Clinic & clinical updates:

  • We are still here to care for you!! Don’t hesitate to reach out with anything.  We are continuing to offer virtual care via email, phone calls and/or videoconferencing (and still want to make sure things like blood pressure, diabetes, cholesterol, anxiety, etc. are well managed).  
    • Under certain circumstances, your physician will decide that some people will need an in-person visit; they will coordinate logistics for in-person visits if the need arises.
  • We will start our slightly reduced AM hours this week.  We will open at 9 am going forward.
  • As part of the stay-at-home order, we all will be, for the most part, working from home; please call (913-730-0331) to confirm someone is at the office if you’re needing to physically swing by. 
  • COVID-19 PCR testing continues this week at KCDPC; it is $75 for the visit.  Our lab vendor will bill either bill you or your insurance for the cost of the test ($50-70) in several months.  If you or a loved one, coworker, friend, neighbor, acquaintance or just anyone you care about would like to be tested, this questionnaire must first be filled out. 
    • We are also working to get IgG/IgM testing kits to test if someone had the virus.
  • The basic facts about the virus remain unchanged: it is spread via droplet, affects the elderly more frequently than the young (and affects people with conditions like high blood pressure, diabetes, heart disease, and lung disease far more severely than people who don’t have those conditions), and can be present even in those who don’t have symptoms.
  • If someone does test positive for COVID-19 and they are well enough to stay at home, they’re to quarantine at home and follow some basic guidelines to prevent the spread to others.
  • We still don’t have an evidence-based cure for the illness other than supportive care; however, trials are ongoing across the US and the world.
  • Vaccine development is still in the works but also takes time to be tested and confirmed that they actually work and do not cause harm.
  • Seeing as we have no vaccine or clear treatment, the best plan is to protect yourself and prevent contracting the illness!  If you must go out, try your best to keep a 6-foot radius from others. Better yet — stay home as much as possible and take advantage of delivery services or curbside pickup.  Hand washing is essential, as is good rest, healthy eating, exercise, and all the usual best practices. (And, in an interesting twist, a recent New York Times article suggests that maybe more of us should be wearing masks…)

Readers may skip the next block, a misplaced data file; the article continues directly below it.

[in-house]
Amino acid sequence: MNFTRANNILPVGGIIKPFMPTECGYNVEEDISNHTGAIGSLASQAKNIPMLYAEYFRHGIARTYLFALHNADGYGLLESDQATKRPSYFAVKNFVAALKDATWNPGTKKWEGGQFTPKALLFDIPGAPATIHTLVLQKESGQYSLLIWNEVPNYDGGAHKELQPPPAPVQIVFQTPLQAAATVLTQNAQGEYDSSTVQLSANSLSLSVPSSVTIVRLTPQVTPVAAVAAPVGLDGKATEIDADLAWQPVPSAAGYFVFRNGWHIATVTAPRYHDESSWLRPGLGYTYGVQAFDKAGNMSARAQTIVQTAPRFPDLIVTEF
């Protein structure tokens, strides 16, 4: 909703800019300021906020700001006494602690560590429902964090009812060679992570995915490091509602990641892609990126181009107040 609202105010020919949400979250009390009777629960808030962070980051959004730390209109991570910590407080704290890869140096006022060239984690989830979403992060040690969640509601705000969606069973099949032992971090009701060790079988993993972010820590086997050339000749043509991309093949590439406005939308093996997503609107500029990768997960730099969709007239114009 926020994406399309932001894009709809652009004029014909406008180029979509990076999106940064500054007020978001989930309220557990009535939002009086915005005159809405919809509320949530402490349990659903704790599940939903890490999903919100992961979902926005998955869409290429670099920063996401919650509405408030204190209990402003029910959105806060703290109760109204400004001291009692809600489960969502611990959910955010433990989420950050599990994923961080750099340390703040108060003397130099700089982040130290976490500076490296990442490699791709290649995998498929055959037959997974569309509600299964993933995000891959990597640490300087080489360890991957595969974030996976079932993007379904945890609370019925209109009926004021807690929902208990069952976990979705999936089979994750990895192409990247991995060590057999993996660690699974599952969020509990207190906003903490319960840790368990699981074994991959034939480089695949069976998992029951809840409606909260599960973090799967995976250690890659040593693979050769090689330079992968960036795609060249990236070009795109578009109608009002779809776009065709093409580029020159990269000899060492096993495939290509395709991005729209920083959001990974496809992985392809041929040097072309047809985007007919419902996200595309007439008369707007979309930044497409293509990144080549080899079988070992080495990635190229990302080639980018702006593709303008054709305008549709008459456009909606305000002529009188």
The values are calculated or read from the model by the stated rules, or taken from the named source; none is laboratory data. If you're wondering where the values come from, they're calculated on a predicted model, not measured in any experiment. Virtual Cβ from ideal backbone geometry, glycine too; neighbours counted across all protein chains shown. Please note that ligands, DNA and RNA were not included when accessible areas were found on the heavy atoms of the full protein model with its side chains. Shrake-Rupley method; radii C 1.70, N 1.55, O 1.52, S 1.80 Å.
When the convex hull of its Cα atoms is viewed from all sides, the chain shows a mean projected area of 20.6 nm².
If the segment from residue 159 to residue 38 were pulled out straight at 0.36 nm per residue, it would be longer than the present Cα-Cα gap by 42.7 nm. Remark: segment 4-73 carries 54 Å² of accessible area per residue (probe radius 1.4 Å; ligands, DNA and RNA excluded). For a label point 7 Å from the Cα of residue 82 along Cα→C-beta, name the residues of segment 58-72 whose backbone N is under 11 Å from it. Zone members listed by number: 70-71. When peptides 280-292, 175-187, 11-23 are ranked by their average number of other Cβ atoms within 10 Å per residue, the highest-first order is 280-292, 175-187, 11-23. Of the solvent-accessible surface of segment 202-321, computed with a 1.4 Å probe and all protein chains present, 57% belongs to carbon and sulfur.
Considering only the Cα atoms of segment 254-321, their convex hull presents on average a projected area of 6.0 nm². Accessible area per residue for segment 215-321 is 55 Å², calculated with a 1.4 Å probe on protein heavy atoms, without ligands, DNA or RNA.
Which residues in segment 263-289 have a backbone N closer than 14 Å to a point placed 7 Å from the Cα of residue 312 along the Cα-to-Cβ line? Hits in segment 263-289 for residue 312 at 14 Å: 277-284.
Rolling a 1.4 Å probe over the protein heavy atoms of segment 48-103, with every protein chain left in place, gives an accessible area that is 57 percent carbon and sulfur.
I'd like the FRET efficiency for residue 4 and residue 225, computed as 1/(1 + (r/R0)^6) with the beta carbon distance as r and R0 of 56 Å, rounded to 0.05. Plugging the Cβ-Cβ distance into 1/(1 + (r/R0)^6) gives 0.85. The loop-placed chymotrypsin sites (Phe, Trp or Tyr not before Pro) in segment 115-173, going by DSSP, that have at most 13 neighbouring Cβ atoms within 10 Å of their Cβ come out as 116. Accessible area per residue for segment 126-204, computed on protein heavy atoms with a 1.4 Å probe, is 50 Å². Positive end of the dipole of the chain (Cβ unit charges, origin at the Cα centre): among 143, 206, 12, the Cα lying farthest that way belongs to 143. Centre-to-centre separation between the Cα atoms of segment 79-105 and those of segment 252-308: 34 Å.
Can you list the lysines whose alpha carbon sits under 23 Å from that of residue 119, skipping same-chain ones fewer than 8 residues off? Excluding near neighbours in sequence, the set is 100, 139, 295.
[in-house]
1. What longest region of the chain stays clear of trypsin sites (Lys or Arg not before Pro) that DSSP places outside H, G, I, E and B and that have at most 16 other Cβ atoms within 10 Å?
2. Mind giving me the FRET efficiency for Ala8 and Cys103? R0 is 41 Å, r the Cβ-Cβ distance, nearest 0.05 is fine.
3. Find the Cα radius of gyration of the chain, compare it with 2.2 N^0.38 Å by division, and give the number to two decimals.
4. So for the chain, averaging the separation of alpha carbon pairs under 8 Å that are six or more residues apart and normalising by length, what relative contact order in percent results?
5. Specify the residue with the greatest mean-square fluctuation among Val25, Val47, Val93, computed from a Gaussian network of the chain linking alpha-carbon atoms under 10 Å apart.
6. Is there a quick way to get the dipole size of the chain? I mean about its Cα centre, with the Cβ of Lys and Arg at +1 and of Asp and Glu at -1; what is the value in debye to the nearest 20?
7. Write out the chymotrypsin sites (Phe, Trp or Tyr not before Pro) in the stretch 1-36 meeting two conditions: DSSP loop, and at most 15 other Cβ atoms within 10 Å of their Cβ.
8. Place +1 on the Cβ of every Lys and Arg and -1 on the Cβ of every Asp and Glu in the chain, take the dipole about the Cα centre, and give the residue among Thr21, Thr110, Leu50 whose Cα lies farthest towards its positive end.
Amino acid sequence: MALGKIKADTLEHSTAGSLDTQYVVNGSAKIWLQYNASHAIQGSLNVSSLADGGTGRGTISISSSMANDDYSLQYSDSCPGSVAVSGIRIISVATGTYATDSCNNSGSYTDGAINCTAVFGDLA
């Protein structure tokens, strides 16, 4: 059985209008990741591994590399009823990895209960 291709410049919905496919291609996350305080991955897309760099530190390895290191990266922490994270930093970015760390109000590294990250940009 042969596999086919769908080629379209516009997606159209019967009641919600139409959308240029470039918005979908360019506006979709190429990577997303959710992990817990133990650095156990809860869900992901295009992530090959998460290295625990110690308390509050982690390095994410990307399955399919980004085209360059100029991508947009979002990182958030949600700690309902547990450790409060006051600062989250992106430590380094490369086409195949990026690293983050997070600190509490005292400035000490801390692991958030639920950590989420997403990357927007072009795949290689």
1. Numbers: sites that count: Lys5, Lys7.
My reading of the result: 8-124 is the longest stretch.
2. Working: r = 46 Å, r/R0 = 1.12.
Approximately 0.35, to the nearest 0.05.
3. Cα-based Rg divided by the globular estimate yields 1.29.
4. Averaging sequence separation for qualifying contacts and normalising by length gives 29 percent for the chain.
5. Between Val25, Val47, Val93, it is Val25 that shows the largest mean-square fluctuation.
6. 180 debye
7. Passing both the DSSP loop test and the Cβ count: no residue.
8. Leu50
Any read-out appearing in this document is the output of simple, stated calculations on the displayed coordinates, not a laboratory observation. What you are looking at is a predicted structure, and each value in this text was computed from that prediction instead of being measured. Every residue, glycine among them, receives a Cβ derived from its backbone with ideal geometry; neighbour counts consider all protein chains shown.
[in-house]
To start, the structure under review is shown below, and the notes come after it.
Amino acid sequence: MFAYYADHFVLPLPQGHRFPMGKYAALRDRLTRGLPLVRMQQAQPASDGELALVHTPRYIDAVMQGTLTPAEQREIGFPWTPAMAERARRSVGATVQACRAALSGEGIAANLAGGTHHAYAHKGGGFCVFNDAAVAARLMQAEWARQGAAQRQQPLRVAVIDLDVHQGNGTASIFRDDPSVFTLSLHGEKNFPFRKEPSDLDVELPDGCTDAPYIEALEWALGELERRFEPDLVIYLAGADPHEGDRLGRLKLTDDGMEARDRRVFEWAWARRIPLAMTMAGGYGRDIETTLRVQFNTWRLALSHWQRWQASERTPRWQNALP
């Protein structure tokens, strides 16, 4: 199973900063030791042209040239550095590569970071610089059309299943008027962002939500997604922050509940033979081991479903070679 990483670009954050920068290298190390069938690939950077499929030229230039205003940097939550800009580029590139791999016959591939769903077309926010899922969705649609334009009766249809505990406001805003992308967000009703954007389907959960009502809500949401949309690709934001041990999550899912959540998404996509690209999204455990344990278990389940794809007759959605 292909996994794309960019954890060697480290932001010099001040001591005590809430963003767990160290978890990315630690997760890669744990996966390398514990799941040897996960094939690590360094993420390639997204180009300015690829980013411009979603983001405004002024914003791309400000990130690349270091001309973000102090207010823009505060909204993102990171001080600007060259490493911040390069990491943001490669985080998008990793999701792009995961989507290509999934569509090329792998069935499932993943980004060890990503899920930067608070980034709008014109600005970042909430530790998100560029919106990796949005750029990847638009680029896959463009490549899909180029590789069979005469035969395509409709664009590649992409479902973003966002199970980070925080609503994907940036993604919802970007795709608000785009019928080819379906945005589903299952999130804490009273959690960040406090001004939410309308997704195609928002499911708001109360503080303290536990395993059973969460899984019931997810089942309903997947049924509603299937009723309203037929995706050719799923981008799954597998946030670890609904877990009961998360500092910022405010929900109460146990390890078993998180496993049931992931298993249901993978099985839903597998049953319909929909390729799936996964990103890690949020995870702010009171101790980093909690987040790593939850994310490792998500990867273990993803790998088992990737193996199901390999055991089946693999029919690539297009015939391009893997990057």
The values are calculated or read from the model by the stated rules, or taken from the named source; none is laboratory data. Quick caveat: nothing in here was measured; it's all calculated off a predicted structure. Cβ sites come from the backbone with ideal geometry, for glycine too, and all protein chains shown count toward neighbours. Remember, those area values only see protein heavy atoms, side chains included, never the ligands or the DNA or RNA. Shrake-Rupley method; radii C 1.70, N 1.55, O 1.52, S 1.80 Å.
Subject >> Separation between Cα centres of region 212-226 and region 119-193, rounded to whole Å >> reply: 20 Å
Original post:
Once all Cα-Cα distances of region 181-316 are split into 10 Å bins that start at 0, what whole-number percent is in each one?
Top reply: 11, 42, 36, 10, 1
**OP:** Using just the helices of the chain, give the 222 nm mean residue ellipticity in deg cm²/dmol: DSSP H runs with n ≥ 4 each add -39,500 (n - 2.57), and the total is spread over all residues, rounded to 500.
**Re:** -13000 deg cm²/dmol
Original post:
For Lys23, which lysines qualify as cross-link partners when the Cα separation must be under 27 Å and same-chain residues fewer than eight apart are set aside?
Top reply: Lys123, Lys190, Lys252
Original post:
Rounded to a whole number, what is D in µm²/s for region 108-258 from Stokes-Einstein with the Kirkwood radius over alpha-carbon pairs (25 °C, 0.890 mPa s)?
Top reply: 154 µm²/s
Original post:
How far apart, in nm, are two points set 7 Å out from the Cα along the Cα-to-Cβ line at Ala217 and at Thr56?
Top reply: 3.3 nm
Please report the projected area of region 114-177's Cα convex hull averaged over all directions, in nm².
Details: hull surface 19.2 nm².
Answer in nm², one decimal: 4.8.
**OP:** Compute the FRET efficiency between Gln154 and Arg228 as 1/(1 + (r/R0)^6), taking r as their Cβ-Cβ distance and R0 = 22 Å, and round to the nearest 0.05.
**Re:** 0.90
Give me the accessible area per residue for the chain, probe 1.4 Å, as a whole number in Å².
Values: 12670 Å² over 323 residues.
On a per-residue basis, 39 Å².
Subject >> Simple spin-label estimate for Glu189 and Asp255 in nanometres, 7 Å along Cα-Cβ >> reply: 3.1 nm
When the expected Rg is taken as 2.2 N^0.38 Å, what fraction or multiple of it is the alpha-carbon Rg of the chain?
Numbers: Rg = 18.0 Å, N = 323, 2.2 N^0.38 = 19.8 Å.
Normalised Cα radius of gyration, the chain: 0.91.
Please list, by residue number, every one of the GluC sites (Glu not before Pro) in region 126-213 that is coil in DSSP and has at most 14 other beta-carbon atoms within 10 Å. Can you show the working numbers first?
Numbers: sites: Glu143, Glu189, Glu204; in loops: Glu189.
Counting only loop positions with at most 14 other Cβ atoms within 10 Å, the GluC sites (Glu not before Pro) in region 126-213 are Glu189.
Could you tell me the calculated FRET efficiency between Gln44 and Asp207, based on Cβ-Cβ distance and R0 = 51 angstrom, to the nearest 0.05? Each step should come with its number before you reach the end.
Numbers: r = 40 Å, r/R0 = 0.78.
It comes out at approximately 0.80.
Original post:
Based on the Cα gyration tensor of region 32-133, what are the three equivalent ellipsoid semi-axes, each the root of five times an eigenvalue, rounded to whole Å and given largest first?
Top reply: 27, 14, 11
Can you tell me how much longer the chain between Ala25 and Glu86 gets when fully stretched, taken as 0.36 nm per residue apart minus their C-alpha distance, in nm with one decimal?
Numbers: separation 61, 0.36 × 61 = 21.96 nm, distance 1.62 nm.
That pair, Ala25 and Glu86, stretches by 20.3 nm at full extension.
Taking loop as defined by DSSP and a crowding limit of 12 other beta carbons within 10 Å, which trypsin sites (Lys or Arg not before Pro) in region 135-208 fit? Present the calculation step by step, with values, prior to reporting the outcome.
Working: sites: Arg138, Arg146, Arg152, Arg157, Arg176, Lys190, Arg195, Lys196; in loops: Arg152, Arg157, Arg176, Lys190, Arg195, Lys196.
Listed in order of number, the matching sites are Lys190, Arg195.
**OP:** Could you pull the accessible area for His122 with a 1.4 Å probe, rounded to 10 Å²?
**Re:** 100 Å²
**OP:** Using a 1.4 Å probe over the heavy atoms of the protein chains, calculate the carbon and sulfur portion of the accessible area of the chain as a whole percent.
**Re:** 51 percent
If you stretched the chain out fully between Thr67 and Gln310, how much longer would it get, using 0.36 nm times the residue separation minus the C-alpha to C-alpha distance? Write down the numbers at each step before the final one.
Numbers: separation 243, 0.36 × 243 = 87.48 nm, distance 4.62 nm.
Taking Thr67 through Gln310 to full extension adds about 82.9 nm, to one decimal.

Local updates:

  • COVID-19 testing is slowly opening up in the community.  Last week we learned that St. Luke’s had a few drive-through testing sites, an Urgent Care Chain is offering it, and the Sharon Lee Family Health Center continues to offer it as well.  We are in continued talks with the Wyandotte County Health Department to assist them in any way to expand (and lower the cost) of testing in the community.
  • Kansas is enforcing a stay-at-home order; Missouri has a forced social distancing order.  Most communities in the KC metro area are enforcing stay-at-home orders as well.
  • What info direct from the source in real time? Keep up to date on both Kansas and Missouri statistics through their websites.


National political and economic updates:

  • It’s hard to say exactly how many tests for COVID-19 have been done in the US.  The CDC is tracking the number of tests they have done + the number done by public health (= state) labs, however, these numbers do not appear to contain testing done at hospitals and large, commercial labs (which is actually where the majority of testing is occuring at this point).  They’re hoping to change this, though, so stay tuned!
  • The COVID-19 Stimulus package, called the CARES act (full text here), was passed last week and has a TON of elements relating to direct cash payments, student loan repayment changes, unemployment (even for 1099 gig workers!), and small business loans — among other things.  The New York Times has an FAQ here


Some bright points to end on (because if we can’t find silver linings here we’re all going to lose our minds):

  • Social distancing is helping to flatten the curve in Washington
  • Also — a recent paper notes that public health initiatives like social distancing may be good for the economy in the long run — if you take the 1918 flu as an example.
  • Brené Brown — an amazing social researcher — just launched a podcast that talks about vulnerability and growth in this uncertain time.  So put on your headphones, and head out for a walk with some good food for thought! (Separated from others by 6 feet, of course.)
  • Lastly, the Kansas Basketball team finished the season as #1 in the final AP poll; I believe that this makes them national champions, and I’m going to just run with that even though Dr. Short is a K-State fan and probably doesn’t agree with me.


Keep on keepin up, KC!

Allison Edwards, MD